The Palestinian Authority said on Wednesday that it is ready to resume paying for all of its share of electricity for the Gaza Strip, ending more than six months of restrictions for the already power-starved Strip.
The measure comes amid a Palestinian reconciliation process between the PA and the Hamas terror group that has ruled the Strip for the last 10 years, and was one of the key demands by Hamas.
Abbas had dramatically reduced payments to Israel for the electricity — effectively slashing the supply — in a bid to pressure Hamas to loosen its grip on Gaza.
The PA has now requested that Israel now resume supplying another 50 megawatts to Gaza’s power lines, restoring the provision of electricity to Gaza to what it was prior to June 2017, said Civil Affairs Minister Hussein al-Sheikh in a statement to the official PA news site Wafa.
The return of the regular power supply to the Strip would mean Gazans would again see six to eight hours of electricity a day, rather than two to four hours a day they received during the reduction. Some days during the electricity crisis some Gazans received more than four hours of electricity a day, thanks to supplies of fuel sent from Egyptian.
The extra shortages in electricity severely hampered essential services in Gaza such as water treatment and healthcare.
Until June, the PA had been paying NIS 40 million ($11.1 million) a month for 125 megawatts of electricity for Gaza. In June, the PA cut its electricity payments for Gaza to Israel by 35%, which led Israel to slowly reduce the number of megawatts it supplied the Strip from 125 to 75.
An Egyptian-brokered agreement in early October originally set a December 1 deadline for the terror group to fully transfer power in the Gaza Strip back to the Palestinian Authority, which is dominated by PA Abbas’s Fatah party, though that was later pushed back to December 10, but that deadline passed too.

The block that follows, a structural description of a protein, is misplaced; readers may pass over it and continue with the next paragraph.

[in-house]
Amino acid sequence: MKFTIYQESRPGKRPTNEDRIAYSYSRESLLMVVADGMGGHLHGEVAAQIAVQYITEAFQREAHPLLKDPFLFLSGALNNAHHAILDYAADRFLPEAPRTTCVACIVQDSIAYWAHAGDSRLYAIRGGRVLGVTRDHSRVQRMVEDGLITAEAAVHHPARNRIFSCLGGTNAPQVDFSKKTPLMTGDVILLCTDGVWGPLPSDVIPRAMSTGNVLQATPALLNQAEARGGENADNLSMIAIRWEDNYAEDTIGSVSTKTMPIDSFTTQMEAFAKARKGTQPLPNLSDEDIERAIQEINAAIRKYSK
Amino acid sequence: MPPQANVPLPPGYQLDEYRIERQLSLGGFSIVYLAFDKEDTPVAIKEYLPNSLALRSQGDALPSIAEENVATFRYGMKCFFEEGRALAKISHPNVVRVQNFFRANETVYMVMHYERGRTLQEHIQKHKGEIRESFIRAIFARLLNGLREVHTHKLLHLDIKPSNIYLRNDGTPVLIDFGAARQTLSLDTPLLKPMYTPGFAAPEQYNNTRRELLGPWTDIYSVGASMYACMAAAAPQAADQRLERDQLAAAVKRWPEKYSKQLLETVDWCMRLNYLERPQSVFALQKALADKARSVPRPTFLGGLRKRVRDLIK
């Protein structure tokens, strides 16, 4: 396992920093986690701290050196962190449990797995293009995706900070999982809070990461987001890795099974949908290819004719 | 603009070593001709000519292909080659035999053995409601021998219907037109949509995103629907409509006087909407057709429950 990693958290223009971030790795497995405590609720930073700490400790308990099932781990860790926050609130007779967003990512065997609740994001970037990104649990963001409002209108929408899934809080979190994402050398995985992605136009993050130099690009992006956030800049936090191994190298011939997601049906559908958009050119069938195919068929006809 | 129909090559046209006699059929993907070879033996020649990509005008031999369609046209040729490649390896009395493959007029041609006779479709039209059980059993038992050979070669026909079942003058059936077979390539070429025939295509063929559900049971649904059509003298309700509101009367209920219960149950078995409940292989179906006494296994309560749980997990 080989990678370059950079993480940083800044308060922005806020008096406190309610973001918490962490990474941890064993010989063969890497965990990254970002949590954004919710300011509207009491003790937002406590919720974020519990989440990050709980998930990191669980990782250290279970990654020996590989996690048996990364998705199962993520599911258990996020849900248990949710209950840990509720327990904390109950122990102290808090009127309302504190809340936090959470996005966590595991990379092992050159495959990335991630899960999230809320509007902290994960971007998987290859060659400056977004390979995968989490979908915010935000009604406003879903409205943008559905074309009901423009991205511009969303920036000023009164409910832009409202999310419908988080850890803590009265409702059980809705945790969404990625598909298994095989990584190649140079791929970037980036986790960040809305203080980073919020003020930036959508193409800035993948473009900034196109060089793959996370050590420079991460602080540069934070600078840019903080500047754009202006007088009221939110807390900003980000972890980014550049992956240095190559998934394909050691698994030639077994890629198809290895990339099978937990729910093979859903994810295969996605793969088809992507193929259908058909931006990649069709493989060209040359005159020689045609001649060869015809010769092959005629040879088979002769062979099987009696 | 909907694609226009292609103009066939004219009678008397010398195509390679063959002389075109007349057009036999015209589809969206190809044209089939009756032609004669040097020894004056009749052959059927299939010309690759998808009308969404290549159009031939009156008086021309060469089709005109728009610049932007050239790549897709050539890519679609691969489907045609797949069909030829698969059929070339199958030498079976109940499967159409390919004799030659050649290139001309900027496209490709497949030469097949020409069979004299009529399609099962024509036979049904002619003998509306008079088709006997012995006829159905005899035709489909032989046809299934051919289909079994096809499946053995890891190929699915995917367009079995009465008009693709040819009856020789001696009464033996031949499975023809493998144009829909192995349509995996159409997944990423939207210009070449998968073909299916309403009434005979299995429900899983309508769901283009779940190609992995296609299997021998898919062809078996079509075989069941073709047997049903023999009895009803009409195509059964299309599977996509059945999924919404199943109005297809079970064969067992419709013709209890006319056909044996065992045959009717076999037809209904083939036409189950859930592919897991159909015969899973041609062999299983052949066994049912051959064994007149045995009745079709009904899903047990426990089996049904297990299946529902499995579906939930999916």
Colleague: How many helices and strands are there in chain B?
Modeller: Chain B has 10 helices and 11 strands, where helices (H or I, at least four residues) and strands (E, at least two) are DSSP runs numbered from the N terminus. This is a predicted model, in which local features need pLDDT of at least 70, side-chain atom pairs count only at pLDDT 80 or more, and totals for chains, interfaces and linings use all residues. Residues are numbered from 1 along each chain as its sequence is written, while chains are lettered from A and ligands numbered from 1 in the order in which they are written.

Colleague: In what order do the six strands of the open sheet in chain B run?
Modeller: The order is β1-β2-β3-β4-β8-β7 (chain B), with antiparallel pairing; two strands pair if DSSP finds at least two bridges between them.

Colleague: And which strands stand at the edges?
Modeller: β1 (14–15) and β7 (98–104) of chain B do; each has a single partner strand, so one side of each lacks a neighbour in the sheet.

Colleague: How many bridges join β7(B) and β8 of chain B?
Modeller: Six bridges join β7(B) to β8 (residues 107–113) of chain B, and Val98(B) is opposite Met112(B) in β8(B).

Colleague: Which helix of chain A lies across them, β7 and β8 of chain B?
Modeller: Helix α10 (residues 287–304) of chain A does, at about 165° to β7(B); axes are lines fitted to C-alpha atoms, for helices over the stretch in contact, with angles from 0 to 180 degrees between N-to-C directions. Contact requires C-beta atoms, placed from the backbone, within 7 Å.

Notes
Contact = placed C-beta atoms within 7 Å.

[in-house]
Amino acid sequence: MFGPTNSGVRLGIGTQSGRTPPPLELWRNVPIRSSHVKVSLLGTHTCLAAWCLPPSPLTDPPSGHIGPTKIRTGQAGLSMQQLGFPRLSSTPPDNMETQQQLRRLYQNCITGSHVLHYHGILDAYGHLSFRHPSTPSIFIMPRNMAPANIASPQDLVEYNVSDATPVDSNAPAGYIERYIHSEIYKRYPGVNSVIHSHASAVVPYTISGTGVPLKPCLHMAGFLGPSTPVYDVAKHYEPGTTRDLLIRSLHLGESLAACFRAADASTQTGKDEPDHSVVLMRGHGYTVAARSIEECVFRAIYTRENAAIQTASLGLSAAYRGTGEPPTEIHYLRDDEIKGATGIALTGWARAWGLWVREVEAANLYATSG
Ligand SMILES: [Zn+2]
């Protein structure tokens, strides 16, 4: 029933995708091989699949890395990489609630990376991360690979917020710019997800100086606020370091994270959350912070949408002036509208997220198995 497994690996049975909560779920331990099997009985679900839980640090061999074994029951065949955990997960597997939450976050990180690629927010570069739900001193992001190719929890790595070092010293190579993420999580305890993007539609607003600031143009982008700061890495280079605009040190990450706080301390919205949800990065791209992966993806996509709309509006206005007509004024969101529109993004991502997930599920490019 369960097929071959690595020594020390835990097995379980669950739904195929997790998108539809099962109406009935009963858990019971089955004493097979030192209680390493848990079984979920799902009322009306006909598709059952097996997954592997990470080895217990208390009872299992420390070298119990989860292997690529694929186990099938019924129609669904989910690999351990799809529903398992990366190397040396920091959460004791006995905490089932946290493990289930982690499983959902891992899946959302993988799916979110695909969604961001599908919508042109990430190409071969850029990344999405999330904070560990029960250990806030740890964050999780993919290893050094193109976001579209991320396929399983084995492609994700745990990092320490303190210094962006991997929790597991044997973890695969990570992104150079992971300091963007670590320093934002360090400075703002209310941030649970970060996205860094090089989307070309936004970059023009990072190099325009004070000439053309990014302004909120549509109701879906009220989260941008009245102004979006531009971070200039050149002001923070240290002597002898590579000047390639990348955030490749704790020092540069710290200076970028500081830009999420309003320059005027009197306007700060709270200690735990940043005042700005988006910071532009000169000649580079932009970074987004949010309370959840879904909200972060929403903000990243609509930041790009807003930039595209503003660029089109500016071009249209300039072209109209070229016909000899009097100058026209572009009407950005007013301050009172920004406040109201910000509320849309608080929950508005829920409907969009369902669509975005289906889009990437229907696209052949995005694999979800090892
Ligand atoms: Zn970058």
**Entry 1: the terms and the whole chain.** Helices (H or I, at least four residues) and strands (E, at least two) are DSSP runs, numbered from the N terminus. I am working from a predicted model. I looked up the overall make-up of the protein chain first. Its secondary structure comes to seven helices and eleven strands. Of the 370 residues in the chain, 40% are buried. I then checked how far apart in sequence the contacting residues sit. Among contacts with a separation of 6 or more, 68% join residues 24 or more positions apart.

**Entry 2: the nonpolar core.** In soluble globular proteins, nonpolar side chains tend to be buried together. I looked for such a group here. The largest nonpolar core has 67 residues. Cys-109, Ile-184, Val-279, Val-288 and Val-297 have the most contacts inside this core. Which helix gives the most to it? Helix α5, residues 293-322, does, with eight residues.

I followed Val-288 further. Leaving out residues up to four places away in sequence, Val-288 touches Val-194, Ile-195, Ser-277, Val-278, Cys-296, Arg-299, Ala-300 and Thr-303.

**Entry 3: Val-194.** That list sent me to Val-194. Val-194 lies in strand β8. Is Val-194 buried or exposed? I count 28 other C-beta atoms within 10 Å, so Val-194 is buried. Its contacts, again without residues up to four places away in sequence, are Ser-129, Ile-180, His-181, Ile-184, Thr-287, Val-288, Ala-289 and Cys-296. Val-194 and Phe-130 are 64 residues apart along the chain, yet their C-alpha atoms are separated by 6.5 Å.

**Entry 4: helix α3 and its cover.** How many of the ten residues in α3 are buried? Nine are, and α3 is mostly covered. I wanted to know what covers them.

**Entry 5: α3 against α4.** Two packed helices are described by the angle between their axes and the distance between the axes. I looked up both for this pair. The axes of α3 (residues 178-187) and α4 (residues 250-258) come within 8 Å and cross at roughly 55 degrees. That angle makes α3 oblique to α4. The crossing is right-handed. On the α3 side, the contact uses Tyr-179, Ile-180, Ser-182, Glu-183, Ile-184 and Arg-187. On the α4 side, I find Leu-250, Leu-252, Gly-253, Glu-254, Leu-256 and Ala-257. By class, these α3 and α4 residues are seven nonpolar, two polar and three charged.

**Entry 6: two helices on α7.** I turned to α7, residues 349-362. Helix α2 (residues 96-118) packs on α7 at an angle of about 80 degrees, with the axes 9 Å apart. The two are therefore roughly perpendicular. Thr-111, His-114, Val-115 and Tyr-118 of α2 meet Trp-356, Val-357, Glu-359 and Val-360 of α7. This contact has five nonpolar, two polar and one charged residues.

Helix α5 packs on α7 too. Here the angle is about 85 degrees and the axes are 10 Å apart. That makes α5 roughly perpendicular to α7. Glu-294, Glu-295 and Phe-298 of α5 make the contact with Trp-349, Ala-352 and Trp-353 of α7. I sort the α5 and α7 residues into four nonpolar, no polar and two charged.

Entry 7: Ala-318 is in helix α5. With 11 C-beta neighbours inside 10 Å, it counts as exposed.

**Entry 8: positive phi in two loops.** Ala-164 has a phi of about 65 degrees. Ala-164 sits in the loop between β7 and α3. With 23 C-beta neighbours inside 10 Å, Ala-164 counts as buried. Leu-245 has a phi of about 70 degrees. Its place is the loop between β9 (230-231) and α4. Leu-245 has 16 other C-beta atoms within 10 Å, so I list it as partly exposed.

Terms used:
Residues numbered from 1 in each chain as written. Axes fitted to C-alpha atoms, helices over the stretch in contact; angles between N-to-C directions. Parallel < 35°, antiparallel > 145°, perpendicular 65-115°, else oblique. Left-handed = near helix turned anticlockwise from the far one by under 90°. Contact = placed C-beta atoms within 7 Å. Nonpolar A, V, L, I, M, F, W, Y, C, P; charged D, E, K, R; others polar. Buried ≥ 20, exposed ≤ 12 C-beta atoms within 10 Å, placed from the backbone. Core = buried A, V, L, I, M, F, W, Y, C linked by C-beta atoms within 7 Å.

Hamas has demanded Abbas lift all sanctions he placed on the Strip as part of reconciliation measures.
The sanctions also included deep cuts to the salaries of thousands of government employees in Gaza, as well as cuts in medical aid.
PA Prime Minister Rami Hamdallah said in televised statements that the electricity was being restored as part of the reconciliation process.
In recent weeks, the PA has begun to restore its medical aid to the Strip as well.
Despite the slow lifting of sanctions on the Strip by Abbas, both Fatah and Hamas continued to say the reconciliation process was close to failure, largely over the issue of what will happen to Hamas’s military wing.
“Whoever doesn’t see that reconciliation is collapsing is blind,” said Hamas Gaza chief Yahya Sinwar in December.
“Some people want reconciliation on Israeli and American terms, which means handing over weapons and the tunnel and rocket capabilities,” Sinwar added.
Hamas claimed in December that it had handed over control of all government ministries, but Fatah’s top negotiator Azzam al-Ahmad later said “obstacles” remained.
Since the start of this reconciliation process between rival Palestinian factions — several others have failed in the past — the question over the fate of Hamas’s 25,000-strong military wing has been a thorny issue between the sides.
Abbas wants the PA to be in full control of all weapons and security in the Gaza Strip, but Hamas is refusing to give up its arsenal. Hamas, which seeks the destruction of Israel, has fought three wars with Israel since seizing power from Fatah in the enclave in 2007.